Background: Younger age at first birth and greater parity generally reduce the risk of developing breast cancer, but whether this reduced risk holds in women with a mutation in the BRCA1 or BRCA2 gene is unknown.
Methods: In a Washington DC community-based study conducted in 1996, we tested 5318 Ashkenazi Jews for three BRCA1/2 founder mutations and identified 120 mutation carriers. Applying an extension of the "kin-cohort" analysis, we compared the effects of reproduction on breast cancer risk in carriers and noncarriers. We also used a case-case analysis among 288 participants who had been diagnosed with breast cancer.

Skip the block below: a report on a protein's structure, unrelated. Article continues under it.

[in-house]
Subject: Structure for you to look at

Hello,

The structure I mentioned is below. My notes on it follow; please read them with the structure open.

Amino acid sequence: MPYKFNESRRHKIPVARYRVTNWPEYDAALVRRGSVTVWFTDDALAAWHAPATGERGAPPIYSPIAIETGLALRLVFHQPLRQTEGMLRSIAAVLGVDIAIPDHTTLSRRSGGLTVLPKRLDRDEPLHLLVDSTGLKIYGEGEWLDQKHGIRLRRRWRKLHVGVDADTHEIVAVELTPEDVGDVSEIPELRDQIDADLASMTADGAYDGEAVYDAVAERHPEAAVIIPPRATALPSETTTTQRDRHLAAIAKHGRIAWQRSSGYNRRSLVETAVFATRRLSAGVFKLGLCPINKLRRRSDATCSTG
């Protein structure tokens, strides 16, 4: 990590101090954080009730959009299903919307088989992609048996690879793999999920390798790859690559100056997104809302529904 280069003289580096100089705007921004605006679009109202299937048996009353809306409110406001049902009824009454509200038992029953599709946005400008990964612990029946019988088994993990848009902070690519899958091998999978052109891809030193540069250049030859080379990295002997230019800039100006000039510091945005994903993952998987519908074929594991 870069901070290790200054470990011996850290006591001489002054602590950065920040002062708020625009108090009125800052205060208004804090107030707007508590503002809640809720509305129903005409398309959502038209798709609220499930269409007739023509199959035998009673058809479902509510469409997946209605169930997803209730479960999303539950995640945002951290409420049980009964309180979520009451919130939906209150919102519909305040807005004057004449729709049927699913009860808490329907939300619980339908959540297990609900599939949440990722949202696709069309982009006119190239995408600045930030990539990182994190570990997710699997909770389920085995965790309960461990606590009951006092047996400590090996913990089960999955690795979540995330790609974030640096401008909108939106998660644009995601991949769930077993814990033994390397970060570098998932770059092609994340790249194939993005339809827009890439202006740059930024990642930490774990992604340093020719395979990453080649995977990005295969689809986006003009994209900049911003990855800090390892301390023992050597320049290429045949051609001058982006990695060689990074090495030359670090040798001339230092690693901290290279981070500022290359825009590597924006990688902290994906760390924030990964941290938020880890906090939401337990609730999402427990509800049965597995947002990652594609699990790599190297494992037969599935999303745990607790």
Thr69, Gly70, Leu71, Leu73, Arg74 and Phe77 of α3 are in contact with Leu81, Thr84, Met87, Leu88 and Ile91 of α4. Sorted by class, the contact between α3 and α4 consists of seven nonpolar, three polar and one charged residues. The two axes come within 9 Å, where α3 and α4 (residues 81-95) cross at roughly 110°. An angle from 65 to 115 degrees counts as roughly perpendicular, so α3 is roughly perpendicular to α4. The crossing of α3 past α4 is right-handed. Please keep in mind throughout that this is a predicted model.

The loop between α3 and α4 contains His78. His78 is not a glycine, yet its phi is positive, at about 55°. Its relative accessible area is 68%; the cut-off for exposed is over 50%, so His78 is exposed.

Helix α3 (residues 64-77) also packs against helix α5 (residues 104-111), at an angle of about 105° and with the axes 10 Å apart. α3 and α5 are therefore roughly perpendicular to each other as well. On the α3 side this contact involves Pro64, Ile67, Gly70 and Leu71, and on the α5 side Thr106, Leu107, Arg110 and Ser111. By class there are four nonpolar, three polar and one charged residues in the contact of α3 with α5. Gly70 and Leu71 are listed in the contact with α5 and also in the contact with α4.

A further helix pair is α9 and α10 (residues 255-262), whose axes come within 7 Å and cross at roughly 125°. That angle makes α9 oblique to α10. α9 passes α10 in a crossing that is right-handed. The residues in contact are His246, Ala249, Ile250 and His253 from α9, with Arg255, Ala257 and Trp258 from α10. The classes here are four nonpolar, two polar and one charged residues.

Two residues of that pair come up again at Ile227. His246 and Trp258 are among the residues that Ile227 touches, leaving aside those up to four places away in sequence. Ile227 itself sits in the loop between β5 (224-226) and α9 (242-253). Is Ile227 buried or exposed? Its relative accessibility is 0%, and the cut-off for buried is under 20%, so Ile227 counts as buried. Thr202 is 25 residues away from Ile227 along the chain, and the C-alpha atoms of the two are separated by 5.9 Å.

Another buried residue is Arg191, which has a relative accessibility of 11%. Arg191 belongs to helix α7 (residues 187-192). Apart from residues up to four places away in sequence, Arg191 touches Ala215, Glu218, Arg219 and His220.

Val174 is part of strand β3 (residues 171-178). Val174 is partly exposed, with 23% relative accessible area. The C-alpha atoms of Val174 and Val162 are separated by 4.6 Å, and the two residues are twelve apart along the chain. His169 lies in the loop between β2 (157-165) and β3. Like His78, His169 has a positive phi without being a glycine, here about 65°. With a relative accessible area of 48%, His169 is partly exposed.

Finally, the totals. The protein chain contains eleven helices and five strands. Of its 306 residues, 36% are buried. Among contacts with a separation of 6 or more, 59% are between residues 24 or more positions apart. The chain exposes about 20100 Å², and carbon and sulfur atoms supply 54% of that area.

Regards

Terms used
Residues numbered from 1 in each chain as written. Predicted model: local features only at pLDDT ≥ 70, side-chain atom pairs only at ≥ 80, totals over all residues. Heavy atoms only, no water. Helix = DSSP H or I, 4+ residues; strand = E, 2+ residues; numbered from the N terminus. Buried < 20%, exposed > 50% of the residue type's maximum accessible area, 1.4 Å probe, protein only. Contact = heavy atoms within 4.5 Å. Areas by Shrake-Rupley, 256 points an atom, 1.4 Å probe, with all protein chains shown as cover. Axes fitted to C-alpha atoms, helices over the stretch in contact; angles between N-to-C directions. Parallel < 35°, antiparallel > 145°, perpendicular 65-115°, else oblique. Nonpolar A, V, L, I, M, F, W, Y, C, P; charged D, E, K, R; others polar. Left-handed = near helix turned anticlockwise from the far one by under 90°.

Results: In noncarriers, the estimated relative risk (RR) of breast cancer rose 5% with each 5-year increment in age at first birth (RR = 1.05; 95% confidence interval [CI] = 0.97-1.15). By contrast, the estimated risk in mutation carriers fell with each 5-year increment in age (RR = 0.65; 95% CI = 0.37-1.16). Among the 288 participants who were breast cancer survivors themselves, the comparison of carriers with noncarriers also showed no protection associated with early birth in the presence of a mutation in BRCA1 or BRCA2.
Conclusions: It is not yet clear whether the recognized breast cancer risk factors operate in the same way in women who carry a mutation in the BRCA1 or BRCA2 genes.